What happens to sleep when my baby becomes a toddler? – By Jo Ryan

So you nailed the baby phase! Well done. You survived and also managed to keep your baby alive for 12 whole months! You would think that now your baby is a lively toddler, the sleep problems would be well and truly over. Well, unfortunately that may not be the case. If your baby wasn’t a great sleeper, then the bad news is that your toddler might also not be a great sleeper. And even if you baby was a decent sleeper, once they get to 12 months or more, things can regress.

I hate to be the bearer of bad news, but there is a reason that things can go pear-shaped once your baby becomes a toddler. There are also some major developmental leaps that happen in the toddler phase that will also affect their sleep. But don’t despair! The good news is that as they get older, sleep problems can be fixed a little easier because you can rule out things like feeding overnight. Toddlers also can understand what you are saying to them so you can explain more.

If you are dealing with a toddler sleep regression, the key is to not let it go on too long before you try and correct it. Toddlers learn things quickly but we need to be consistent and repetitious and they will get there!

Here are some of the toddler problems and how best to deal with them.

1.      Not wanting to sleep in the day

This is a BIG transitional time for day sleeping. Toddlers will often transition from two naps to one nap between 12 and 18 months, and eventually they will want to drop the nap altogether.  The drop from two to one can cause a toddler to be particularly tired in the afternoon and evening. It will help if you can try to get them to bed as early as possible during this phase. If they are resisting the nap altogether it can be a good idea to have a “rest time. So there is no playing, just lying on their bed, or the sofa and perhaps reading a book, watching something calm on the television or listening to music. My suggestion is to really try and keep this rest period going for as long as you can!

2.      Stalling at bedtime

Toddlers may work out that stalling and asking for things at bedtime is a great way to keep you in the bedroom. Just one more drink, just one more cuddle, just one more book, these are all classic toddler stalling requests. A great way to manage this is to have a really great bedtime routine. You can even have a chart in the bedroom that your child can tick off when they do the task. Everything should be on that chart, eg. Read 2 books, kiss the teddys, do a wee, have a drink etc. so that when it is done you can refer to the chart if your child tries to stall.

3.      Getting out of bed

Another common toddler behaviour is them coming out to find you after they have been put to bed. This can be extremely frustrating, particularly if you have sat down to have your dinner or watch your favourite TV show. If you can, try and deal with them calmly and the same way every time it happens. My advice is to walk your child back to their bed and ask them to stay and go to sleep. Don’t get mad, don’t say too much, just keep doing it and eventually they will get the message and go off to sleep.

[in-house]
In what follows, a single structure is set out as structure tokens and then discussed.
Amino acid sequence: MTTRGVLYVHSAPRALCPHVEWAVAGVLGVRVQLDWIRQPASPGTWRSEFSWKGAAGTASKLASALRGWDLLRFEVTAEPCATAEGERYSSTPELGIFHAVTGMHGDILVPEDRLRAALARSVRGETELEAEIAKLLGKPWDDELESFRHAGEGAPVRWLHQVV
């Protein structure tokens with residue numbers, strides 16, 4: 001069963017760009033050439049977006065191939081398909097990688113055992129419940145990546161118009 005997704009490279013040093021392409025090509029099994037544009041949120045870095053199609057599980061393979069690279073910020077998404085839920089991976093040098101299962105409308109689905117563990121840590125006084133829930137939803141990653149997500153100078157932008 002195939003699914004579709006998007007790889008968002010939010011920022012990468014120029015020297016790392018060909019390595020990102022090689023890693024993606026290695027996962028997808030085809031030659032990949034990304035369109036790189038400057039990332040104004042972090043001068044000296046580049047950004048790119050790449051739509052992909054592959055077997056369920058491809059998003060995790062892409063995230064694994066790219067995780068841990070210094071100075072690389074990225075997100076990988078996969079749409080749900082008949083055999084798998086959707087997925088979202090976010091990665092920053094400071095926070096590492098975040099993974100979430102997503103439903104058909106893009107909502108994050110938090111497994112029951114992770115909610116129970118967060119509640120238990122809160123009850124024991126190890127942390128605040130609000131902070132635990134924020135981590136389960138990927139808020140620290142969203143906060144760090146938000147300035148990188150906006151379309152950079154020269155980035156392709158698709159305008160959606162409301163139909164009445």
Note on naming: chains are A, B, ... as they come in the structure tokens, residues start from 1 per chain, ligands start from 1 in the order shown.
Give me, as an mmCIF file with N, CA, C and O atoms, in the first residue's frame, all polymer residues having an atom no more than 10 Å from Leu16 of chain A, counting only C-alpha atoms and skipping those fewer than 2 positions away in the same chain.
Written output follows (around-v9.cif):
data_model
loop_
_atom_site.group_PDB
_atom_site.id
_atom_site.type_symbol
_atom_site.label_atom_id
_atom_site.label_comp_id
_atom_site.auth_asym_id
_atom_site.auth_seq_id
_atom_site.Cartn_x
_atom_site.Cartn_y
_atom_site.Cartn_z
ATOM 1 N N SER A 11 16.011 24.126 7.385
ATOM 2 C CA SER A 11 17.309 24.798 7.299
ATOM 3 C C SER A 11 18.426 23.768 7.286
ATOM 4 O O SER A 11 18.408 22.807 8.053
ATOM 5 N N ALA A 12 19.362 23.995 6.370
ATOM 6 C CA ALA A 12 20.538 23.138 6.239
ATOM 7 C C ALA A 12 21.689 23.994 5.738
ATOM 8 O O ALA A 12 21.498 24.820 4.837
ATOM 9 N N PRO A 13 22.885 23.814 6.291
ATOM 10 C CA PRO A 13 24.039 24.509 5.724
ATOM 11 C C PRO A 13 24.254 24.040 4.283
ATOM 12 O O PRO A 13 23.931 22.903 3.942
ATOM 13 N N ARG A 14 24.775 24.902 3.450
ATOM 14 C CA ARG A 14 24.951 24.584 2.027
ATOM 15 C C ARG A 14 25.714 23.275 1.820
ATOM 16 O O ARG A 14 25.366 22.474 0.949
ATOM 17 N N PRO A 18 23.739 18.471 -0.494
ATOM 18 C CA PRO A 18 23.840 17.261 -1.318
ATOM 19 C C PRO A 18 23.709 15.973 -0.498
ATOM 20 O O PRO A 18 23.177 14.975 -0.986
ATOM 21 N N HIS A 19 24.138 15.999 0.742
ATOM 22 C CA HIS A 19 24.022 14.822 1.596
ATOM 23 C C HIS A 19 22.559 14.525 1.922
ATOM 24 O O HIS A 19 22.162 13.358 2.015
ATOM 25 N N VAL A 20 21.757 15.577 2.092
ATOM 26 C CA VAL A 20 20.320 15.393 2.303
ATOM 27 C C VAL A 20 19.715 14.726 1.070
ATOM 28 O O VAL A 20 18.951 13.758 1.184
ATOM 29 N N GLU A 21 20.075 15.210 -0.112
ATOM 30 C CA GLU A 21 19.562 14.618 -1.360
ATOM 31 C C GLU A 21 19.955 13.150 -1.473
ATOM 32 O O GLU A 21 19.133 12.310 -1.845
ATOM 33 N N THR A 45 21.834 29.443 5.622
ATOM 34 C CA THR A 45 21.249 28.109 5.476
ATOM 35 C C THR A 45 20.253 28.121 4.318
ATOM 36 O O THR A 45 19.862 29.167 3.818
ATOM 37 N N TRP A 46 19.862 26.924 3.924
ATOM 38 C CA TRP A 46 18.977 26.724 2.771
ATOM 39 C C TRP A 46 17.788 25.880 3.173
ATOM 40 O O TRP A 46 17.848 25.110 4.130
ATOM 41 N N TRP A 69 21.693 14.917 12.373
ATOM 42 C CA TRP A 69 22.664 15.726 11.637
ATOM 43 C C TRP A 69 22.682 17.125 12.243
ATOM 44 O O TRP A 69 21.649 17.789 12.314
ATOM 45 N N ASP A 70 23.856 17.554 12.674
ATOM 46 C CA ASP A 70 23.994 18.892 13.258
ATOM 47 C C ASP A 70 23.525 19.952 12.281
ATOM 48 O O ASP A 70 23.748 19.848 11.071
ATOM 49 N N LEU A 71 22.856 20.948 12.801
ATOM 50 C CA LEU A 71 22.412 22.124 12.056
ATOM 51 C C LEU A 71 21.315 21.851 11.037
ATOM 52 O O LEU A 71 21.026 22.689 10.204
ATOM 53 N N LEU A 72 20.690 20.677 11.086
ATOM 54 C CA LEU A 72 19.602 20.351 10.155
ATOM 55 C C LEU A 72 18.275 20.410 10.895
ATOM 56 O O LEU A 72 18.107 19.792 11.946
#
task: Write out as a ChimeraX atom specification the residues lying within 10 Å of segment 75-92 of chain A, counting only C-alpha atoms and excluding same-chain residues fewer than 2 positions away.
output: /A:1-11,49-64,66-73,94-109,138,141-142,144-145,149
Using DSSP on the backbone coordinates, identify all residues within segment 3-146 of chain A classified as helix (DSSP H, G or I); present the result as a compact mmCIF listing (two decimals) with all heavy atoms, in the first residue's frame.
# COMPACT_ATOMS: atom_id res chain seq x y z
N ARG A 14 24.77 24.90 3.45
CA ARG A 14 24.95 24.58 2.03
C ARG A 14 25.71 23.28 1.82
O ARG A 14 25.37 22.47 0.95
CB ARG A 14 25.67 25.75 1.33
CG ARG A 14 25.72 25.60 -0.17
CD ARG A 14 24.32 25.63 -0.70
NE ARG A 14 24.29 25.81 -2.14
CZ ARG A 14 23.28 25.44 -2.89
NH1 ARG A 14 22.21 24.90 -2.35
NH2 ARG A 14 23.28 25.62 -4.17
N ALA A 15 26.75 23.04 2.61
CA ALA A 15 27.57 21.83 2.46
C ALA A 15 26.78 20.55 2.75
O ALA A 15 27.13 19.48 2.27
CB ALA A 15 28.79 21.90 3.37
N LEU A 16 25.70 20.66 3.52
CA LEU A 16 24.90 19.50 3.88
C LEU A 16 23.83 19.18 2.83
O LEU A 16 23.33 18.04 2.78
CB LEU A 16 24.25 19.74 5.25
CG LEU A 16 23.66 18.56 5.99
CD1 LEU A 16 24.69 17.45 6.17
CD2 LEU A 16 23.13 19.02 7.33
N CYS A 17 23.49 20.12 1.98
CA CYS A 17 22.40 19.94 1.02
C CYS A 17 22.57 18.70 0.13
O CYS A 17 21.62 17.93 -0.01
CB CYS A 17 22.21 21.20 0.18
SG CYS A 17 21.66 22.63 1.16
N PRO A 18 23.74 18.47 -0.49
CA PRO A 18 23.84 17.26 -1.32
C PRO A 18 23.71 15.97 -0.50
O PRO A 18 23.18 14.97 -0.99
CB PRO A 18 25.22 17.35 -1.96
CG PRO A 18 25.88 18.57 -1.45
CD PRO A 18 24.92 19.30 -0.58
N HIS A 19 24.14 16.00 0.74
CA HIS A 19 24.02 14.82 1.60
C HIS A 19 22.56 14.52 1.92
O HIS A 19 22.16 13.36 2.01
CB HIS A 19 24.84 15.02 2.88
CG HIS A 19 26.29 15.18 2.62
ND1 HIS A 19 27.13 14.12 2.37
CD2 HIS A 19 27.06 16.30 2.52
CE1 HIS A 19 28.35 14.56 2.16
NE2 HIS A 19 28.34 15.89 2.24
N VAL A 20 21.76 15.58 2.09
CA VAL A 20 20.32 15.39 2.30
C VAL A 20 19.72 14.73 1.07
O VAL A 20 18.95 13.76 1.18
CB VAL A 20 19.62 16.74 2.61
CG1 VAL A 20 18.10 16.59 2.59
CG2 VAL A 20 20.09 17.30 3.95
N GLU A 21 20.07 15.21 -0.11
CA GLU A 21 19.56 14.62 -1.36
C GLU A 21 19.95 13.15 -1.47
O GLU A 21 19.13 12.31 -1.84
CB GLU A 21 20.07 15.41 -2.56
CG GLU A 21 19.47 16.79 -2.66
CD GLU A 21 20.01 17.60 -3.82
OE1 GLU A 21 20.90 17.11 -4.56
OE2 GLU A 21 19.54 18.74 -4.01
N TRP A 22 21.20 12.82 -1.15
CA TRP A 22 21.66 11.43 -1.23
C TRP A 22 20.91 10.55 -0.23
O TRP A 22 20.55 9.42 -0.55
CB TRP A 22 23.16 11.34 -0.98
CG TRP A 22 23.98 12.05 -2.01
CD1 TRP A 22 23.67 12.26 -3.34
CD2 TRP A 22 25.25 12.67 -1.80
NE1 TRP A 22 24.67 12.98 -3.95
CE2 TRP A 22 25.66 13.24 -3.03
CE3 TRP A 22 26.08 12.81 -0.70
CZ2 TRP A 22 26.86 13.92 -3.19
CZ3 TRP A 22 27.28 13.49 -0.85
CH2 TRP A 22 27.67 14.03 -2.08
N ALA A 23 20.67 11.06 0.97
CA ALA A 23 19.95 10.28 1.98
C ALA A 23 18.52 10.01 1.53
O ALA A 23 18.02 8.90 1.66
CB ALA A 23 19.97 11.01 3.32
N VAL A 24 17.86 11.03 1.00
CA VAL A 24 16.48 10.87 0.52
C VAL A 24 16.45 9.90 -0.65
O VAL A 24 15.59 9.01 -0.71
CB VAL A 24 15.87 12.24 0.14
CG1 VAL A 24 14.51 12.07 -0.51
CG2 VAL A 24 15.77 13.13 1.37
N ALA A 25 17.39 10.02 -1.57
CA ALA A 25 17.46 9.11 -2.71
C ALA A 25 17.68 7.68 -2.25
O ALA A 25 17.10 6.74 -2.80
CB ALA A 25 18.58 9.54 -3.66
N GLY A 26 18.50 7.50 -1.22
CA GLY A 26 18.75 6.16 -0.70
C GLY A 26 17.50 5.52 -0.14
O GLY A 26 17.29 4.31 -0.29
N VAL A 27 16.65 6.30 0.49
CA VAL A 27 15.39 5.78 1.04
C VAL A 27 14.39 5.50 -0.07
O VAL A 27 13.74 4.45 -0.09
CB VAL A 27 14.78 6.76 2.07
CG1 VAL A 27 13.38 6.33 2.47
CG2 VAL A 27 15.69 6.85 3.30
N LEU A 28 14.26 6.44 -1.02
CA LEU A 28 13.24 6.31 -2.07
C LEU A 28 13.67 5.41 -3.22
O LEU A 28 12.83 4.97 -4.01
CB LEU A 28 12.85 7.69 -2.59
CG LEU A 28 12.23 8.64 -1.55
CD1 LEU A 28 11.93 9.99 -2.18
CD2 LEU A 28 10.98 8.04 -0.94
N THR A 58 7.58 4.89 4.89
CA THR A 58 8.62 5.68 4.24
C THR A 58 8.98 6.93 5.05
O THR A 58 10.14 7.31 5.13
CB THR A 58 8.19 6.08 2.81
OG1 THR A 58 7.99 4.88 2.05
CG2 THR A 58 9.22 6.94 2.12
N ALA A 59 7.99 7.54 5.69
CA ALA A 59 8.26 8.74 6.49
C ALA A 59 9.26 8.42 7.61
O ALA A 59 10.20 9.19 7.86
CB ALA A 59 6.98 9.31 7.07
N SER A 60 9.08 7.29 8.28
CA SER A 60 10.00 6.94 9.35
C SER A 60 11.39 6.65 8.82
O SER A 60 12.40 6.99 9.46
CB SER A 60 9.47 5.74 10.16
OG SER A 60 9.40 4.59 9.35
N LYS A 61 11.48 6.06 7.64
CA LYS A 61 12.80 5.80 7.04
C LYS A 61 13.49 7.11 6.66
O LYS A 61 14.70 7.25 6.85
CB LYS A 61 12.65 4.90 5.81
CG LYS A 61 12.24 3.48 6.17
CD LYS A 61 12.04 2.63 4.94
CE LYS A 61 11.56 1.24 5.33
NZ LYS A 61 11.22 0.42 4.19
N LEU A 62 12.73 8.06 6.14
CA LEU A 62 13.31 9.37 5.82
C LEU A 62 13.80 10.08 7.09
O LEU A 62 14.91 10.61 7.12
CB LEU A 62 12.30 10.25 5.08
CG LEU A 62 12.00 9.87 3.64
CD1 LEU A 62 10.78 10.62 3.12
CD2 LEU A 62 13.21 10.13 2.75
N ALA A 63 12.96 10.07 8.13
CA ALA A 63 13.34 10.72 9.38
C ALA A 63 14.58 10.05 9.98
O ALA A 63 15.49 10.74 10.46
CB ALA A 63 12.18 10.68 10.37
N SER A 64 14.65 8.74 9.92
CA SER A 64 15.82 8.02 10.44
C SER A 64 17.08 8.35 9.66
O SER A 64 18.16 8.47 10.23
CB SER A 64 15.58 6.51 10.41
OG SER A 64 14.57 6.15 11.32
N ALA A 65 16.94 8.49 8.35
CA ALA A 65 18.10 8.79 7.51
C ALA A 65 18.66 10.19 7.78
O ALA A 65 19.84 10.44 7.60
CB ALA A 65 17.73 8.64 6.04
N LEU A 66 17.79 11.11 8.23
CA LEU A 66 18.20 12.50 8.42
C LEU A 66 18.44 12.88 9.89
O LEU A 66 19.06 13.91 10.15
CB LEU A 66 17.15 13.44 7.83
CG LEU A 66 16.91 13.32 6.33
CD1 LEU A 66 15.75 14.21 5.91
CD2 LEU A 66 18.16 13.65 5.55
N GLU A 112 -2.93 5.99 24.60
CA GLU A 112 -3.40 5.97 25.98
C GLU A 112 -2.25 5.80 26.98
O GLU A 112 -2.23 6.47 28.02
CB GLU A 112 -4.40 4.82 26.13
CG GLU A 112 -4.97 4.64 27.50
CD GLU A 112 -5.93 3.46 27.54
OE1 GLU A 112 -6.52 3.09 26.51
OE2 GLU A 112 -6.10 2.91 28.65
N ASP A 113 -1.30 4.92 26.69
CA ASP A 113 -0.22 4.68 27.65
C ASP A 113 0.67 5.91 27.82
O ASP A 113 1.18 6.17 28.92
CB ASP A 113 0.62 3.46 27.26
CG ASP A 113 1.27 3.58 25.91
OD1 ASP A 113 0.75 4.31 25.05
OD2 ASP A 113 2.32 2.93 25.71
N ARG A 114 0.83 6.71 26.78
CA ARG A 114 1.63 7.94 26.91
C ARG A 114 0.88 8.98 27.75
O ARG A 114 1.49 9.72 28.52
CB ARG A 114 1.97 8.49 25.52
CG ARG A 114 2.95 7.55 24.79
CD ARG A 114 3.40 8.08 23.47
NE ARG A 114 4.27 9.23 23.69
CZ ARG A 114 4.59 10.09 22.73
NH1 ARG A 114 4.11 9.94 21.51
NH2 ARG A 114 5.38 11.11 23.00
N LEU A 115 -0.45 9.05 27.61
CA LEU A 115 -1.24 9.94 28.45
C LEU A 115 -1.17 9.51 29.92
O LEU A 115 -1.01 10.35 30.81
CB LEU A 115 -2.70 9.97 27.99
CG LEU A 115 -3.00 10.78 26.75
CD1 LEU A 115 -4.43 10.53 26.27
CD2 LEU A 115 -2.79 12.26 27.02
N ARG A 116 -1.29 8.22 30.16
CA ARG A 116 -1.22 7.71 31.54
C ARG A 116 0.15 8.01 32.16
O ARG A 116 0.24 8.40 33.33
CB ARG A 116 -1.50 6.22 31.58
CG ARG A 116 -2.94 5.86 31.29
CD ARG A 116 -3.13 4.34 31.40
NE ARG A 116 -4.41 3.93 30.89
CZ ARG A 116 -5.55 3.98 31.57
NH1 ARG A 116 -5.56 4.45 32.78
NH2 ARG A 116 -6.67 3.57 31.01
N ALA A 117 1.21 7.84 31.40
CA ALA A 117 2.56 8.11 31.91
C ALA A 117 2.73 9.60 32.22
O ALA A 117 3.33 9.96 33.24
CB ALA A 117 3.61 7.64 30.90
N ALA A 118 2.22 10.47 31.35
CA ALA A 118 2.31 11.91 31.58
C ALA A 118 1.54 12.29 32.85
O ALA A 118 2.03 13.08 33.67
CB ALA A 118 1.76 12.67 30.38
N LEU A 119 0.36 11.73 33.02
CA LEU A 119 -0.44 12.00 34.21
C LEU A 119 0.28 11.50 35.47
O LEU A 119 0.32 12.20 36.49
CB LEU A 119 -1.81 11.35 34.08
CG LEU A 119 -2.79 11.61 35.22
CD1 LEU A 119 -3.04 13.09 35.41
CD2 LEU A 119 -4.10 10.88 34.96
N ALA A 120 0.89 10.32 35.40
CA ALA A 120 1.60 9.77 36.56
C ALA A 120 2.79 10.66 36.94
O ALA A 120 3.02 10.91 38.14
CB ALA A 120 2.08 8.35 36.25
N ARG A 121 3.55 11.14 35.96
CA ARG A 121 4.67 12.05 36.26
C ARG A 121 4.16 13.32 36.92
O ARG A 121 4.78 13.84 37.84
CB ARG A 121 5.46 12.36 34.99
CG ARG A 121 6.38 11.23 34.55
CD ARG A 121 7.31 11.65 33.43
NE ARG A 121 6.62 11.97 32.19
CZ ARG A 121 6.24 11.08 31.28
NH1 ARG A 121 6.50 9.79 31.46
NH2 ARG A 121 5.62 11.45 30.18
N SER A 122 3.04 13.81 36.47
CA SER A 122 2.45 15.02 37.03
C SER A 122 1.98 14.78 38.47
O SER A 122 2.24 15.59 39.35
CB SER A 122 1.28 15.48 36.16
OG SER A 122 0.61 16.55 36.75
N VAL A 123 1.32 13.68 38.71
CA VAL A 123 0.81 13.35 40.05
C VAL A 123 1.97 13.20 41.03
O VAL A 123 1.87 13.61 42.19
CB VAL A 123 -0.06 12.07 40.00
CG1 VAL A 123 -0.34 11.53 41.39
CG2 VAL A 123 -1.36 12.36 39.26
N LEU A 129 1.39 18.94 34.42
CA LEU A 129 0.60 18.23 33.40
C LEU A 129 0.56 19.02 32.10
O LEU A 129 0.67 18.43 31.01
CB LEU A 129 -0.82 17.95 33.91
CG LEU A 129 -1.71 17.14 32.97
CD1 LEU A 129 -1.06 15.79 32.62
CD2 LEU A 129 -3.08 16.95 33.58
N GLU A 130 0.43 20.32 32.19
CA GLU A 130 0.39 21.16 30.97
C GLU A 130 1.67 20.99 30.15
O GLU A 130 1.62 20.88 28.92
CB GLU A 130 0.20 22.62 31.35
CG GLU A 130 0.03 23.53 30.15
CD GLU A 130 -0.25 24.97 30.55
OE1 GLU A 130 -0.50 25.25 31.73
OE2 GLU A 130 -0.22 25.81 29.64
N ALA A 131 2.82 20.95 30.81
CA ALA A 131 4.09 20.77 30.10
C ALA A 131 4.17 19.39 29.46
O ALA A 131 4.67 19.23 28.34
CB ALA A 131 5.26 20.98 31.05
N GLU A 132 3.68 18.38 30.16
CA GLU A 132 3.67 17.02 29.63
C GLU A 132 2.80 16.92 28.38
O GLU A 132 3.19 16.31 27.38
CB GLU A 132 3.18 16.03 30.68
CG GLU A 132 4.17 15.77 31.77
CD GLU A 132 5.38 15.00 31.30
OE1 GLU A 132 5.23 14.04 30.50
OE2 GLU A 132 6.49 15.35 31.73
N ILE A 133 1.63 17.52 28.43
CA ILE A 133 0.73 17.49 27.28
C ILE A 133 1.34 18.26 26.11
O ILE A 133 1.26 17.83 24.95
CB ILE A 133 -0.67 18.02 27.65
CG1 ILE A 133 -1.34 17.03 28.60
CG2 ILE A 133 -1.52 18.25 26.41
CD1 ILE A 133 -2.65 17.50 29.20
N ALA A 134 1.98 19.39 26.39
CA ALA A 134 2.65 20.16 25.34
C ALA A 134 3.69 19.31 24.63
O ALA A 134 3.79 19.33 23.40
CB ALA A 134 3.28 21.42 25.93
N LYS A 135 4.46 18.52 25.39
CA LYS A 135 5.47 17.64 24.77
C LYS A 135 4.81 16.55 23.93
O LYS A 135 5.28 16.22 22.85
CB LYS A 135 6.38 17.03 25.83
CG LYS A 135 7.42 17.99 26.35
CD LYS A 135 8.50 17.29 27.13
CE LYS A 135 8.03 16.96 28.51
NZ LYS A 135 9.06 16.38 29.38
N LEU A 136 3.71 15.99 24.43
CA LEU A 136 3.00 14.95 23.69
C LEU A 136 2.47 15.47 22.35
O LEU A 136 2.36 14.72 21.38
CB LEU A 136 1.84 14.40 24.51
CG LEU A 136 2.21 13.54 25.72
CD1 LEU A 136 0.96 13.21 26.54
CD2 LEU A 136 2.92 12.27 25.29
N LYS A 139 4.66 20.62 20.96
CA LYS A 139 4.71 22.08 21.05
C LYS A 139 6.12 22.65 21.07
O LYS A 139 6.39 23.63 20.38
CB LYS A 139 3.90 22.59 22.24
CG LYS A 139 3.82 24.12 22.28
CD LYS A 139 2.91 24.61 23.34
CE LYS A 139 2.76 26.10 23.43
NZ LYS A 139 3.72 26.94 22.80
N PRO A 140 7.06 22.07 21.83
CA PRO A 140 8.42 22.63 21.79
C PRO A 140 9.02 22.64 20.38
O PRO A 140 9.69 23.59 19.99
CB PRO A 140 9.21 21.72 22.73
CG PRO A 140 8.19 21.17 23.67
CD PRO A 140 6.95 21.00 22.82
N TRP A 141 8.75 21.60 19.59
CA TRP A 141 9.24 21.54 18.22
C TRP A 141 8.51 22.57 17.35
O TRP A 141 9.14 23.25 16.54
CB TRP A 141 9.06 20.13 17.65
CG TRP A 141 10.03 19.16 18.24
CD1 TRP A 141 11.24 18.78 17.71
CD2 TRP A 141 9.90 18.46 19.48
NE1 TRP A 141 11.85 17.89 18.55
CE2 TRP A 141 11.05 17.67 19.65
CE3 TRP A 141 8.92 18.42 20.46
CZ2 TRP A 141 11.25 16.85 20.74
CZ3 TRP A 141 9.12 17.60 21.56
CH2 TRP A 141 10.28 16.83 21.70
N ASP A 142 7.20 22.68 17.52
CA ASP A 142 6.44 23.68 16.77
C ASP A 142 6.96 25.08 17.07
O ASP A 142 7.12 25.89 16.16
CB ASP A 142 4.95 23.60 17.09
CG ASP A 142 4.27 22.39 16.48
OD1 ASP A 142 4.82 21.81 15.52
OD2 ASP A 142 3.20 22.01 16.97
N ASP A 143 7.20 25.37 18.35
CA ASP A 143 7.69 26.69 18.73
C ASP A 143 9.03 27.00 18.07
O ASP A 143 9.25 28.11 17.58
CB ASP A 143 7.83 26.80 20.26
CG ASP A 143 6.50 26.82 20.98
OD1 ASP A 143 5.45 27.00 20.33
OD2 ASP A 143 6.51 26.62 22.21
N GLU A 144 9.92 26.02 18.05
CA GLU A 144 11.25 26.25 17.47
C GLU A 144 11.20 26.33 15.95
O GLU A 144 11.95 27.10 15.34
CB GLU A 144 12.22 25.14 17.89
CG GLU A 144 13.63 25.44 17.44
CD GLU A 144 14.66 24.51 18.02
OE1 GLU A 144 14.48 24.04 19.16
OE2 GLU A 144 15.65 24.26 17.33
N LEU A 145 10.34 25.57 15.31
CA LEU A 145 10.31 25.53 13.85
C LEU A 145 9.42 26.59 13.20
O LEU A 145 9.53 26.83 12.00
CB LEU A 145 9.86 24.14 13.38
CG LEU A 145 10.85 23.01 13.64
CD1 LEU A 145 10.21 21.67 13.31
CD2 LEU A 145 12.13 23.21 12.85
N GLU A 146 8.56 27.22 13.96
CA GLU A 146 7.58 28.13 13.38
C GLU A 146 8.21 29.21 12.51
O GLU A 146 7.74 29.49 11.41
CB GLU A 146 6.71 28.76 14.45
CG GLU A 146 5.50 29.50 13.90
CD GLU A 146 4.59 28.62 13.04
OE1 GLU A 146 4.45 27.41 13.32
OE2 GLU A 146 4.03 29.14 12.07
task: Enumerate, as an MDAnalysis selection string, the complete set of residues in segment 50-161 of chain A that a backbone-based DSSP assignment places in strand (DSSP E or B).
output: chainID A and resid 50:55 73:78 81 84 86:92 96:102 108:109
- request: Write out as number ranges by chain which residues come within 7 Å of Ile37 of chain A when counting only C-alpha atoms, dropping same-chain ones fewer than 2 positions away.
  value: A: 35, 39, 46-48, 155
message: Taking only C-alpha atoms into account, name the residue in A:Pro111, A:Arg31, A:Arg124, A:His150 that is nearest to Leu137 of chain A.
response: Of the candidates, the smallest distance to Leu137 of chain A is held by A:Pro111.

4.      Separation anxiety

Separation anxiety usually starts around 10 to 12 months and peaks around 18 months. This is when, even if they can’t see you, they still want you! Bedtime can be a time when separation anxiety peaks. Toddlers who were once able to go off to sleep on their own, will now want you to stay with them until they fall asleep. This can cause all kinds of disruptions to their sleeping, with them often falling asleep much later than they usually would, and waking more overnight. Having a very good bedtime routine can help with this. Make sure you stick with what you have been doing so they know how things will go. After going to bed, you can assure them you till pop back to check on them every 5 minutes or so, which can help. Don’t try and sneak out of the room as this will only cause more anxiety. Comfort your child but don’t introduce anything new. By that I mean, don’t start lying with your child if you weren’t previously. It should pass after a bit.

5.      Early morning waking

Some toddlers just want to get going with their day as soon as those birds start chirping. And this can be way too early for a lot of families. There are some things you can try to fix this but some children are just early morning risers. If you have one of these, then it is best to teach these children to stay in bed until the sun is up or until you come to get them. A toddler clock that comes on when it is time to get up can help with this. For the other early risers you can try adjusting their day naps. If they are getting too much sleep in the day, they can start to wake early in the morning. You could also try getting them to bed a bit earlier, around 7pm, as toddlers who go to bed too late tend to shorten their nights and wake early.

Article by Wattle Health resident expert, Paediatric Nurse, Jo Ryan.